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How Progressives Won Over the Democratic Center

When the far-left politicians Alexandria Ocasio-Cortez and Ayanna Pressley were first elected to Congress roughly half a decade ago, many moderate Democrats saw their unapologetically progressive vision for America as an albatross around the neck of the Democratic Party.

That certainly seemed to be the view of Democratic leaders, who seemed intent on making “the squad,” as the progressive caucus is known, a group of permanent outsiders.

“All these people have their public whatever and their Twitter world,” Nancy Pelosi, then speaker of the House, told Maureen Dowd in 2019. “But they didn’t have any following,” Ms. Pelosi said of the squad. “They’re four people and that’s how many votes they got.” At the time, Ms. Pelosi was bristling from criticism the progressive members had levied against her over her support for a funding bill the progressives said failed to protect migrant children, a major issue during the Trump presidency.

Five years later, Ms. Pelosi has stepped down from the leadership position she long held. The House progressive caucus has grown to nearly 100 members and has become a significant force within the party. The progressives have outlasted not only Ms. Pelosi, but also moderate Democrats who once led the party, like Representative Steny Hoyer, who has also bowed out of his role leading House Democrats. Representative Hakeem Jeffries of New York, the new minority leader, isn’t a member of the progressive caucus. (He left the caucus when he became leader of the House Democrats.) But he has been far friendlier to the group’s members and their agenda than his predecessor, Ms. Pelosi, a nod to the blossoming role of progressive politics within the Democratic Party and its voter base.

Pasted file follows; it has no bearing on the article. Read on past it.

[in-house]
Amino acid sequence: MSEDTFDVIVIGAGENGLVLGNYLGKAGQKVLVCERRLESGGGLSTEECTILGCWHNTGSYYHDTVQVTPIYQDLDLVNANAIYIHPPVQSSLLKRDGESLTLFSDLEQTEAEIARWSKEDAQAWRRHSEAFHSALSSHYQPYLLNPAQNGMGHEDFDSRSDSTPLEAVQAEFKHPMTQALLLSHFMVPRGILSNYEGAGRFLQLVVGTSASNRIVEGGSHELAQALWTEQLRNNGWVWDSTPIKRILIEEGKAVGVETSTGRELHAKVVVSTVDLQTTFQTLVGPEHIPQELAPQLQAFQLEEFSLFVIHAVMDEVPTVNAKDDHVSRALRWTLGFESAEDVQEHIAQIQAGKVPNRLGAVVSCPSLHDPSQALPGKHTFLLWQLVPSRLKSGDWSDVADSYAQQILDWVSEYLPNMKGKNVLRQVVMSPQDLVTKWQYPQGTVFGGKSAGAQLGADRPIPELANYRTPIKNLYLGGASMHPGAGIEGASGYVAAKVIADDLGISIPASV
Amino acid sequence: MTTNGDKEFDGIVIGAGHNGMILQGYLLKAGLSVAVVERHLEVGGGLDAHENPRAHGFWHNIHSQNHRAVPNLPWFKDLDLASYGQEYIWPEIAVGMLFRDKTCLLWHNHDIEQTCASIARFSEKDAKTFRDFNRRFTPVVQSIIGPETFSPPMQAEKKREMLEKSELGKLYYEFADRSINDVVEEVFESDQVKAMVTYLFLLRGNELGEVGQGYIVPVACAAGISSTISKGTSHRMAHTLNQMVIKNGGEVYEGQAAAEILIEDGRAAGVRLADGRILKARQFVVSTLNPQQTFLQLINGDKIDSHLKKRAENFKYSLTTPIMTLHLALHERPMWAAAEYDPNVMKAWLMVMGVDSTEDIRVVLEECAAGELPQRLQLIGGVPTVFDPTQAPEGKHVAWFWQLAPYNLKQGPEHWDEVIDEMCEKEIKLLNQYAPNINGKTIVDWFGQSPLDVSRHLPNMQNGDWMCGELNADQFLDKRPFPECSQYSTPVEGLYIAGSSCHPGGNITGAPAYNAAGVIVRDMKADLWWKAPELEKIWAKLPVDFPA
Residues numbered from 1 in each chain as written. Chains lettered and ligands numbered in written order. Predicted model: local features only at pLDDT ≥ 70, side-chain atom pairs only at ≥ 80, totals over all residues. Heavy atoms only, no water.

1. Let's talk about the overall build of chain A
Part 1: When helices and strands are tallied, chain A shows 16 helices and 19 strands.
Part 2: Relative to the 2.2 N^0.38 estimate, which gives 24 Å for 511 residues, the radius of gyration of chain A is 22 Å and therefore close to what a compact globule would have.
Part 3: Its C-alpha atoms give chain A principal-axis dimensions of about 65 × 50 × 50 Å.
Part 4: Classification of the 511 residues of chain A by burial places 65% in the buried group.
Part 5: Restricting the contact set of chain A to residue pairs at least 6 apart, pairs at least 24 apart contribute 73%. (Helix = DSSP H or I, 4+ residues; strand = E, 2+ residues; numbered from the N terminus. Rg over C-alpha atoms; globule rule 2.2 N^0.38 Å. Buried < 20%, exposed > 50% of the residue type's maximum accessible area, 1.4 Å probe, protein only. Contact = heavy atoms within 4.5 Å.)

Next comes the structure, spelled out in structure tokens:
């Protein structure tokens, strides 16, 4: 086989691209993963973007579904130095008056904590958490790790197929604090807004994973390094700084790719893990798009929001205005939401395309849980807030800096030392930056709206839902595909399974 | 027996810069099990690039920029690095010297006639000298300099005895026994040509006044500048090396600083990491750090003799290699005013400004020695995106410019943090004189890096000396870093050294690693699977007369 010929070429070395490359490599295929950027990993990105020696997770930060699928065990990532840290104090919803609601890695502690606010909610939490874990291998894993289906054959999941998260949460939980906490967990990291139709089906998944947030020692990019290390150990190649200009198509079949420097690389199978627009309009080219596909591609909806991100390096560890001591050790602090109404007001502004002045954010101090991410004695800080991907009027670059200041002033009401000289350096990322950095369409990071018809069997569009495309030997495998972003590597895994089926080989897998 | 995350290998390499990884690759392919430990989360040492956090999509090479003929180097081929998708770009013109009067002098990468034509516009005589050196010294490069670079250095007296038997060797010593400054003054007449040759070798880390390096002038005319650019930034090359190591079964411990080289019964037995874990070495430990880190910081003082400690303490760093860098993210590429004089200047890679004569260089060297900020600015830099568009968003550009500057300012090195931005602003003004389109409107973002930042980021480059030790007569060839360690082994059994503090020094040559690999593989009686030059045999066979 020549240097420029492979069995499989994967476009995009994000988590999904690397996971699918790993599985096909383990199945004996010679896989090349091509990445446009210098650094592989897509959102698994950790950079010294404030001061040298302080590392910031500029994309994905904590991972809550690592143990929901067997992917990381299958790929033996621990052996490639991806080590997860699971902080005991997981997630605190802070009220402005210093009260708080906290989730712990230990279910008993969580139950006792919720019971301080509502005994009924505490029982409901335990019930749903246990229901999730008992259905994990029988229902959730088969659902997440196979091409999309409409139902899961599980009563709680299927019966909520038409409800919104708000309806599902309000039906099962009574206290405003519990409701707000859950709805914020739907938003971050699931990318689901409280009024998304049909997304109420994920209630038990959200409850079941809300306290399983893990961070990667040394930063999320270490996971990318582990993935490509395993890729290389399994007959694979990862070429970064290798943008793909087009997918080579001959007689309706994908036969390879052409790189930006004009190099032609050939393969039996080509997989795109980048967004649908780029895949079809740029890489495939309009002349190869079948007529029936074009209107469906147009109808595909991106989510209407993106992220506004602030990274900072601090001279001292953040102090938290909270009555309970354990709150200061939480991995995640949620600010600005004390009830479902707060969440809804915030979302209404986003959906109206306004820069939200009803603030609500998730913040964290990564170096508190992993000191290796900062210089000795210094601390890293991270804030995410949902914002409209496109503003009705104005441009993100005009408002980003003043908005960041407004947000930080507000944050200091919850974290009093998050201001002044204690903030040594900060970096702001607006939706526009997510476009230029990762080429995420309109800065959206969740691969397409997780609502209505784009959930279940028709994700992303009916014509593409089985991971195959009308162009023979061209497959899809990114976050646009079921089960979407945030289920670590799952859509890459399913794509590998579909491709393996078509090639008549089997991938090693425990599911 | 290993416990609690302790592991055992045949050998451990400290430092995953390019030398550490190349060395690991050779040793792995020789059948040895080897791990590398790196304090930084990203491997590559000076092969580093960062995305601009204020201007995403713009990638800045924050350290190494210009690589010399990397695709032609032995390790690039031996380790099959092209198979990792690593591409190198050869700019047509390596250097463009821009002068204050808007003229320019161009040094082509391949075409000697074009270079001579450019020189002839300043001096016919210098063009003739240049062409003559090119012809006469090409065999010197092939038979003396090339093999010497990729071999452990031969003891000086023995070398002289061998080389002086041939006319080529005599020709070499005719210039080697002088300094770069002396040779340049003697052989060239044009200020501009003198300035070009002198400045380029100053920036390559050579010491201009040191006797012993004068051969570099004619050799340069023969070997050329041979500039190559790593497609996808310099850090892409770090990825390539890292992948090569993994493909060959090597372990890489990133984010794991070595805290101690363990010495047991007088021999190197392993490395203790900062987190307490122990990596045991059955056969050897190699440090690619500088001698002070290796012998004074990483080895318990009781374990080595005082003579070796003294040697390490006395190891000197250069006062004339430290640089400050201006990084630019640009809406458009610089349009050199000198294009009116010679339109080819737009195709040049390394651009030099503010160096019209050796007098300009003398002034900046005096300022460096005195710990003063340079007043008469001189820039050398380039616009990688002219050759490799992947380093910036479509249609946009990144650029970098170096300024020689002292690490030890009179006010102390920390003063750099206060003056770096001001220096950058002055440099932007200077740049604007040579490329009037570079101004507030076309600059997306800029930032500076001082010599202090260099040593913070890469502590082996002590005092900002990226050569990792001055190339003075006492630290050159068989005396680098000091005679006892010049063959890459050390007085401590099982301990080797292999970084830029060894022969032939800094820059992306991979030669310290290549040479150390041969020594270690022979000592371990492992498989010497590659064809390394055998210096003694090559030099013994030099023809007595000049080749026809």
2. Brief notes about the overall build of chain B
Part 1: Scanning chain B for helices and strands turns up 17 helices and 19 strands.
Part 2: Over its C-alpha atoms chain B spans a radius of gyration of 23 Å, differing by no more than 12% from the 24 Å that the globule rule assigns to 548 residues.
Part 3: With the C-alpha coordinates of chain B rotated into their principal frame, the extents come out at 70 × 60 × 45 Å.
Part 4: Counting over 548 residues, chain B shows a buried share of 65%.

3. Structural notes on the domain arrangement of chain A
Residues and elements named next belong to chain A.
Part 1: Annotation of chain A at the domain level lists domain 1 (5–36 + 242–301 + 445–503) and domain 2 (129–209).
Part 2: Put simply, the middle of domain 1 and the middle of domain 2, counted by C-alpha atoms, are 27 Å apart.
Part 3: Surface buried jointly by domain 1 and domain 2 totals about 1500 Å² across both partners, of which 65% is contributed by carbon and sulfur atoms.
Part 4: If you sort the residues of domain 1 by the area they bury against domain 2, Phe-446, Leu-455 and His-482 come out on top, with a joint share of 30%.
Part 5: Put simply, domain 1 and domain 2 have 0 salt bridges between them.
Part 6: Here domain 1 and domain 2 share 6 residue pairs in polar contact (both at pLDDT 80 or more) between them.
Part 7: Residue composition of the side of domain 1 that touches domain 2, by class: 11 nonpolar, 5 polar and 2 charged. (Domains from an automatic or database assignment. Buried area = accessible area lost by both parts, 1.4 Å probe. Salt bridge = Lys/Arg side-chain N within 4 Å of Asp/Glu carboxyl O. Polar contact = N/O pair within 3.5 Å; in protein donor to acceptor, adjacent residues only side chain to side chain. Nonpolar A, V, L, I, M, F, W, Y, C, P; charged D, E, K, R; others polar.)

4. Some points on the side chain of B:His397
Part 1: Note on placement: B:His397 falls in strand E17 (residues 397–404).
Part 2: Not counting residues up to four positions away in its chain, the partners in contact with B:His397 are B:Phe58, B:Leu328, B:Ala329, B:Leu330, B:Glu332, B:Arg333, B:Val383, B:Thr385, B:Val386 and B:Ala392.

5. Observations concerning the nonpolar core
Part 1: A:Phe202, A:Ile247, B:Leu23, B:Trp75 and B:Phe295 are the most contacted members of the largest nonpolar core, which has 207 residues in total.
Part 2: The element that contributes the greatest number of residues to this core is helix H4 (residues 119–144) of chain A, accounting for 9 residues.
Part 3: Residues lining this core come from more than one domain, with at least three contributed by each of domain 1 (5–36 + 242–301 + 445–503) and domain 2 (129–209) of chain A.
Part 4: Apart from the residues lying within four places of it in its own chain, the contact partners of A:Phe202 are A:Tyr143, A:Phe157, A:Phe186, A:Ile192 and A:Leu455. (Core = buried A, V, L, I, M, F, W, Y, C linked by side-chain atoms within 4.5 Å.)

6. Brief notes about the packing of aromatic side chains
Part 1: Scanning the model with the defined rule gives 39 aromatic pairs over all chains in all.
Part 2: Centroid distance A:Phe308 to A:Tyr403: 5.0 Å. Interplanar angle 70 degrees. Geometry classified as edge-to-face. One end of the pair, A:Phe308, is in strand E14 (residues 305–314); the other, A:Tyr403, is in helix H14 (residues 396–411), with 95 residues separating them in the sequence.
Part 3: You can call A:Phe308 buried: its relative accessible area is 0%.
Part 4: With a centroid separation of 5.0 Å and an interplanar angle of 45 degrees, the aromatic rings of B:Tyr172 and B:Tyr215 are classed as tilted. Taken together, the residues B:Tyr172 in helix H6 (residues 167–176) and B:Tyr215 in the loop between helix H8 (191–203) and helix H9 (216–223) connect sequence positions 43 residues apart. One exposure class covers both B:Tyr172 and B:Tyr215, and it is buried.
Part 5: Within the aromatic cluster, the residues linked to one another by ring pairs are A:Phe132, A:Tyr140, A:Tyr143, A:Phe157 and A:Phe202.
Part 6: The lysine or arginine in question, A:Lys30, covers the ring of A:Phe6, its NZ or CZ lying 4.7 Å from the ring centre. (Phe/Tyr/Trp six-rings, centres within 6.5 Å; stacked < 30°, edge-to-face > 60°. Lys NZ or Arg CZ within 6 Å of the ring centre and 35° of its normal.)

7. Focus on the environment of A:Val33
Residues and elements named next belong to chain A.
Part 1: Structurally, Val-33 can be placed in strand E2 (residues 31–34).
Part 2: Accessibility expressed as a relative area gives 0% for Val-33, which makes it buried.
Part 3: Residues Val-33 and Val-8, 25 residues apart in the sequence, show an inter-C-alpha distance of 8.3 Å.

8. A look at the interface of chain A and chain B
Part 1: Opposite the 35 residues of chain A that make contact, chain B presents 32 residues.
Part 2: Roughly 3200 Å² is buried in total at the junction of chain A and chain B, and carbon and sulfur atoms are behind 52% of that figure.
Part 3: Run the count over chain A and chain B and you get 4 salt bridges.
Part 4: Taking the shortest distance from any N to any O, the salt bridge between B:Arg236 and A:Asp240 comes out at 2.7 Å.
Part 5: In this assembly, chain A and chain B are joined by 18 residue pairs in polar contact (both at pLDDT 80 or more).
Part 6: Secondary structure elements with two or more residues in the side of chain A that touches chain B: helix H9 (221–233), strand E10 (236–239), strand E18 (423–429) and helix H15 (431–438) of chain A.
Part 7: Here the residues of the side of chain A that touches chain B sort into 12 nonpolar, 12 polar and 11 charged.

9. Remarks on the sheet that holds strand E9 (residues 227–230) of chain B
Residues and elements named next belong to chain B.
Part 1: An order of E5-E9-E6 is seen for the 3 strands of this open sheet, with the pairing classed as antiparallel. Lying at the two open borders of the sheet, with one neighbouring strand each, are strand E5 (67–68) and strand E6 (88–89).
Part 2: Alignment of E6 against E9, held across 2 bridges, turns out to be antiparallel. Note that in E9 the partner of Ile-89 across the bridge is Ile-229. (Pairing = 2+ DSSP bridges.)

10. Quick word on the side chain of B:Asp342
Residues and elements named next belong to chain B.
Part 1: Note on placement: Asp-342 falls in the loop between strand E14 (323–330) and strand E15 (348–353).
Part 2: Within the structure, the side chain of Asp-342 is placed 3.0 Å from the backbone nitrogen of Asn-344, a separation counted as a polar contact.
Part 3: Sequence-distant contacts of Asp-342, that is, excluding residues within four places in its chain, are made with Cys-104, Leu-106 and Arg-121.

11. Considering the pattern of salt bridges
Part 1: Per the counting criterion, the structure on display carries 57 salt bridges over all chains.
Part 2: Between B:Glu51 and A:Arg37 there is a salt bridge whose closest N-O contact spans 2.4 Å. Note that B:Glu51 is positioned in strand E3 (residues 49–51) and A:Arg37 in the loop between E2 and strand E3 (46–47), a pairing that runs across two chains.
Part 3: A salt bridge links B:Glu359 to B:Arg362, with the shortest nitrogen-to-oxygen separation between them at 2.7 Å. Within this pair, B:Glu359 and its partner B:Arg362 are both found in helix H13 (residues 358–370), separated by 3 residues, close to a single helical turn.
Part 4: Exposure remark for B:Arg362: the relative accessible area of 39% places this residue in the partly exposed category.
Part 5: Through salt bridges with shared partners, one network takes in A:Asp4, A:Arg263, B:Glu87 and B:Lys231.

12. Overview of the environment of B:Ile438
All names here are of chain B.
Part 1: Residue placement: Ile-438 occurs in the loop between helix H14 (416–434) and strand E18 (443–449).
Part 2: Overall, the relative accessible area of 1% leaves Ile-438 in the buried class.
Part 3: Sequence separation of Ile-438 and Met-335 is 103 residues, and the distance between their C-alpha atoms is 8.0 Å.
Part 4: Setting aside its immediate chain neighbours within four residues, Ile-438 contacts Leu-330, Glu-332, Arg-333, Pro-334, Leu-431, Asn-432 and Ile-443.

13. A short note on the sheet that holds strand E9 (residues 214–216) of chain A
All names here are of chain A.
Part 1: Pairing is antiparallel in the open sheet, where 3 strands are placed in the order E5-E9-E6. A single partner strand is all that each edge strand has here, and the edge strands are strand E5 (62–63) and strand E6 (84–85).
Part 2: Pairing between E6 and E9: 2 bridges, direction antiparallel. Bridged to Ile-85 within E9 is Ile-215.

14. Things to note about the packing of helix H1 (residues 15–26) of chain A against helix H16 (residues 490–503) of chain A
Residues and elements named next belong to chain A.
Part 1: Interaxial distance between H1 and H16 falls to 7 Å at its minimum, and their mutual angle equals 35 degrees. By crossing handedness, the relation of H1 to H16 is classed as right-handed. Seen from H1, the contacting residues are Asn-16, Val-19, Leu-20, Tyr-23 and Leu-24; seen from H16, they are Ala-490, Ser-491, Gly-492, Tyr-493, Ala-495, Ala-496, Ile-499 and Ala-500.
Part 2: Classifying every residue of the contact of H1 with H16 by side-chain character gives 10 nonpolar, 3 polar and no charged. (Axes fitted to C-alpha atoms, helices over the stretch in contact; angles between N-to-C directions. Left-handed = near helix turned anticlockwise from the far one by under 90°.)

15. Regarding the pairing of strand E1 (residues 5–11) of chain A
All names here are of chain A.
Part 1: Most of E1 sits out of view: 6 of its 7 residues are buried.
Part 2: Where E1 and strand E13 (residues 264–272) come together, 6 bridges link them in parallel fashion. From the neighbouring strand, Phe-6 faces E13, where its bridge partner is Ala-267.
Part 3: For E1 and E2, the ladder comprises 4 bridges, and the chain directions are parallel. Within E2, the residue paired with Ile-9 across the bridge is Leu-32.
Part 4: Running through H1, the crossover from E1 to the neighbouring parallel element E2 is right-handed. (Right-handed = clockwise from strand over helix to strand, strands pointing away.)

And in recent months, the insurgent group of unapologetic leftists has gained even more sway within the Democratic Party. Some of this is clearly a reaction to the extremism of Trumpism and far-right House Republicans. But the progressives have gained power in Washington amid rising anger over the U.S. role in Gaza.

For the first time in decades, possibly since the anti-Vietnam War and environmental movements, the left wing has led the center of the Democratic Party in a new political direction on a major issue — one sharply critical of the Israeli government, impatient with the leadership of Prime Minister Benjamin Netanyahu and increasingly willing to use American leverage to curb Israel’s military plans.

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